Subscribe

On arthritis, osteoporosis, spondylitis and much more...

2018-03-09 14:23:39
0
3838

 

What is the difference between inflammatory arthritis and non-inflammatory arthritis? What does it mean when someone has osteoporosis in contrast to osteoarthritis? Is spondylitis different from spondylosis? Why do some have rheumatoid arthritis and others rheumatic fever? Is medical terminology confusing you especially when it comes to joint disease/ rheumatology? In the following article I will explain some of the medical tongue twisters that had baffled patients for decades!
First let’s analyse the word ‘arthritis’. Arth refers to a joint in Greek language. “itis”means inflammation of any part of the body. Therefore, arthritis refers to inflammation of joints. What is inflammation? Simply, this is swelling of a part of the body with excessive blood supply to that region. There are four features seen during inflammation which are redness, increase in warmth, pain and swelling. This was explained way back in first century AD by Roman scholar Celsus using the terms rubor(redness), calor(warmeth), dolar(pain),tumor(swelling).


But does the term arthritis always mean inflammation of joints in the modern era? Unfortunately, not. We now tend to use this term for “anything that relates to joint disease”. For an example there is a variety of non-inflammatory arthritis called osteoarthritis as well. So what is non inflammatory arthritis? This is when a patient has a joint related condition causing agony without swelling, redness and warmth. Osteoarthritis which was previously known as wear and tear arthritis is the best example for non-inflammatory arthritis. Nevertheless, there is a considerable amount of overlap in these conditions and every patient has to be assessed for their unique joint ailment. There are numerous ways of treating osteoarthritis. The hallmark of this condition is loss of cartilage between the bones (or knees).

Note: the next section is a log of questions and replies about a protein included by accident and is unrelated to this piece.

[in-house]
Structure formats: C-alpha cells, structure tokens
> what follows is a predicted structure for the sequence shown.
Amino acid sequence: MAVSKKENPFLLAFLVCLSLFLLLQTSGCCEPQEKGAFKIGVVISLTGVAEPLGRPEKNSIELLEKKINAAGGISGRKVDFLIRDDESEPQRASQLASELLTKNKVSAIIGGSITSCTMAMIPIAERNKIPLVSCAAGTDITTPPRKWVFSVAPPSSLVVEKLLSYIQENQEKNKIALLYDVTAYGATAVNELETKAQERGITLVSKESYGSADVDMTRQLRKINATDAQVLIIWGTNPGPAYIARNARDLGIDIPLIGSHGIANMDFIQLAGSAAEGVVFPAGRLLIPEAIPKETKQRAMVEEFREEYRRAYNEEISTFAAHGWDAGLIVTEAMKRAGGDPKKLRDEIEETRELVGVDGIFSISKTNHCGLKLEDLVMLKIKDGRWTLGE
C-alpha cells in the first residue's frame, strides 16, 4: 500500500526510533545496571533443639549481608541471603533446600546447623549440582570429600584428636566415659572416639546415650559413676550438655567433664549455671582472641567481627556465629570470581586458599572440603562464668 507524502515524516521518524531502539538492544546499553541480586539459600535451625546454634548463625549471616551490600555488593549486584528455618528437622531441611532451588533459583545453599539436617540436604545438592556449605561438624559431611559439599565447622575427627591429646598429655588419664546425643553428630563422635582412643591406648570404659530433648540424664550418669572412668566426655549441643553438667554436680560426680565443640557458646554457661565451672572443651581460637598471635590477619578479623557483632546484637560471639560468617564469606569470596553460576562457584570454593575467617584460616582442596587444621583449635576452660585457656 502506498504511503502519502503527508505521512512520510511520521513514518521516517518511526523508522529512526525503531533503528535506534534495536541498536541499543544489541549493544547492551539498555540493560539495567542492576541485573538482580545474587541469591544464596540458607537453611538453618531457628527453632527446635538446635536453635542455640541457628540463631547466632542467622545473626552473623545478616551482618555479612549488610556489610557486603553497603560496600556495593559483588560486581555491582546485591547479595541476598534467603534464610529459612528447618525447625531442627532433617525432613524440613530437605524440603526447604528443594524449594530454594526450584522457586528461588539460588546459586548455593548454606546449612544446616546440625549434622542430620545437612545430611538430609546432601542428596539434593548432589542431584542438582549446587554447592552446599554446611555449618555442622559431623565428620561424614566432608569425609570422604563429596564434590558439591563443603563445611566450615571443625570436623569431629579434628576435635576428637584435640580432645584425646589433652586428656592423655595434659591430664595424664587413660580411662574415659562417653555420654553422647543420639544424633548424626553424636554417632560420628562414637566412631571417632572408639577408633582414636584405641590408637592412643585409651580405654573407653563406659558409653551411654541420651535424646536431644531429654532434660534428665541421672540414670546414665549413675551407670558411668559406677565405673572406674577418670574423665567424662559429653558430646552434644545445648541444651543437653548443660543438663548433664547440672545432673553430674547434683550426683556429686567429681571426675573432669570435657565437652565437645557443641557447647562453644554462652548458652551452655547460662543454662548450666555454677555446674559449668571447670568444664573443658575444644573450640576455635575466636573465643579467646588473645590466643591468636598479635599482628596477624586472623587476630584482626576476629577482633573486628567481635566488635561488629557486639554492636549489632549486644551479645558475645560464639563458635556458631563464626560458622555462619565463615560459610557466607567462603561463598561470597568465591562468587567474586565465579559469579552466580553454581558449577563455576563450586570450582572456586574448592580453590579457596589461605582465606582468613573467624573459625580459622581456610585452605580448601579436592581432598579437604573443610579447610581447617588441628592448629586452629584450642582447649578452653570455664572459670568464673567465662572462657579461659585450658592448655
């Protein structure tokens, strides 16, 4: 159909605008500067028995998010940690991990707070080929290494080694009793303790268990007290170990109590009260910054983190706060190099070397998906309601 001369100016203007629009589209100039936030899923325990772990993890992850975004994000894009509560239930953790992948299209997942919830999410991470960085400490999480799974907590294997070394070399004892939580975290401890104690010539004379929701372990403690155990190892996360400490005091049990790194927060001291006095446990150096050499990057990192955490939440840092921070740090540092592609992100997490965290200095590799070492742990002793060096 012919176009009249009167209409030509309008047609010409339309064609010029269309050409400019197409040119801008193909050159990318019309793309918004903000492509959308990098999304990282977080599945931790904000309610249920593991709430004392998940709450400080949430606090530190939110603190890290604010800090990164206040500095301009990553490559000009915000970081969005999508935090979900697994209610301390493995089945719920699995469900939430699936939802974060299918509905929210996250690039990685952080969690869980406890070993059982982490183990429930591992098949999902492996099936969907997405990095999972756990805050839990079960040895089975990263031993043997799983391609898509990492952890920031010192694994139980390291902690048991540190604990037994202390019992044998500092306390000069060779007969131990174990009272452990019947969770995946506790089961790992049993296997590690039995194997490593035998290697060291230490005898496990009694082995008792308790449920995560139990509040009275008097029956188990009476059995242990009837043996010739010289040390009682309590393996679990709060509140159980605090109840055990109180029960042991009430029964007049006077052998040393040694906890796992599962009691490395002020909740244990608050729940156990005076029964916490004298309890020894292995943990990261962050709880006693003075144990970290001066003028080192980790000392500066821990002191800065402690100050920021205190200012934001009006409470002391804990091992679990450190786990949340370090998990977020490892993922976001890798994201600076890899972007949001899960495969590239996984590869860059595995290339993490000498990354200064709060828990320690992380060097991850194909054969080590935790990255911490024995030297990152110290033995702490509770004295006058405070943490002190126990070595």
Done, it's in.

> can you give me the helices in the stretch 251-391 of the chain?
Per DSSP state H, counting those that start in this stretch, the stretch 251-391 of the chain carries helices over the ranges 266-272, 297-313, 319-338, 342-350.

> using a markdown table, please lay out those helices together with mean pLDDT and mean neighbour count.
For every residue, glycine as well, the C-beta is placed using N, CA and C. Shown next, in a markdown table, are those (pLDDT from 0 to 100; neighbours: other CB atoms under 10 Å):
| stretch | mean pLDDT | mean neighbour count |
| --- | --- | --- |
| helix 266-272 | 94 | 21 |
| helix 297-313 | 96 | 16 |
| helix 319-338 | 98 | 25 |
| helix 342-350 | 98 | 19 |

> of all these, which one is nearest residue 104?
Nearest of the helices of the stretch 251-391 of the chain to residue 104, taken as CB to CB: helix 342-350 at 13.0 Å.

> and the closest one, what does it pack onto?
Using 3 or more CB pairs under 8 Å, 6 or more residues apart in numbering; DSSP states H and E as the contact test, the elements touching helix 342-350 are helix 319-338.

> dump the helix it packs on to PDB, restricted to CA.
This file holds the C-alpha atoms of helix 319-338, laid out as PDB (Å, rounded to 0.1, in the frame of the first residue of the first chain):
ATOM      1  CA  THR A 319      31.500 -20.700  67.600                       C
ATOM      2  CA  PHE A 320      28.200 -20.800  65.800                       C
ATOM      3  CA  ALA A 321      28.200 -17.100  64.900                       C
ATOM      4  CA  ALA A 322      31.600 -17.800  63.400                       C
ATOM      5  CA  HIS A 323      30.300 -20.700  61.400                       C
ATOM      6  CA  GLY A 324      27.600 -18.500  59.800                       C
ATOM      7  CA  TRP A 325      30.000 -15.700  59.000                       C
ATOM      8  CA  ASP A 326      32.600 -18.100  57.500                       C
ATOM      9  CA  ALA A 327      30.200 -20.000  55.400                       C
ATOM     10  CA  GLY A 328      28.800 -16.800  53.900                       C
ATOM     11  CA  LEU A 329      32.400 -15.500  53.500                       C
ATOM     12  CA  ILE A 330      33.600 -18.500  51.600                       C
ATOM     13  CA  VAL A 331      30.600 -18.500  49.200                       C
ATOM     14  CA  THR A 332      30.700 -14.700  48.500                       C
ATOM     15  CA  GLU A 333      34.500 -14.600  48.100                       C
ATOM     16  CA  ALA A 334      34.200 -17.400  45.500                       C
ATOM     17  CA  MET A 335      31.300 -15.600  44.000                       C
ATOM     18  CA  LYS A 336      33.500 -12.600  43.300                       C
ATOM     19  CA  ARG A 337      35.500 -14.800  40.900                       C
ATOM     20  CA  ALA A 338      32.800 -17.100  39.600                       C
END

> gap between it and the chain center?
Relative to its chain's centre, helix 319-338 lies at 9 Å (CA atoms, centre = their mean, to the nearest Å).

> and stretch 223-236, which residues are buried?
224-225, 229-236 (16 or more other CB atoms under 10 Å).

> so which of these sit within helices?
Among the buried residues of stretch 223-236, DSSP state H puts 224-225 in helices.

When this happens the shock absorbent properties of especially joints like the knees, hips are lost. Finally bone grinds against bone and causes very severe pain. Contrary to the popular belief there are many ways to stop this process of osteoarthritis. Some methods do not involve tablets or injections.
Osteo refers to bone. Porosis is a porous condition where the bone loosed its natural strength. Hence osteoporosis is weak and brittle bone without its normal strength to withstand shock. Osteoporosis is a common condition in the elderly population of Sri Lanka. The ideal way of diagnosing osteoporosis is to do a bone density scan called DXA scan. Depending on the test results we start the patients on tablets like Alendronate to strengthen the bone. Do you recall seeing hunched back elderly struggling to mobilise themselves with walking sticks? Unfortunately, these patients have severe osteoporosis with multiple wedge fractures of their spine making their back C shaped. There are ways to prevent osteoporosis as well. A good diet enriched in calcium and Vitamin D, plenty of exercise and skin being exposed to sunlight are some of these methods. The DXA scan now an essential screening test in the elderly, can also detect osteo-penia. Penia refers to “lack of” or deficiency. Osteopenia is not so bad as osteoporosis. Osteopenia could be easily treated with calcium and vitamin D supplements. Then what is Osteomalacia? This is softening of bones due to Vitamin D deficiency. Symptoms are bone pain and muscle weakness. Again treatment involves Vitamin D supplements.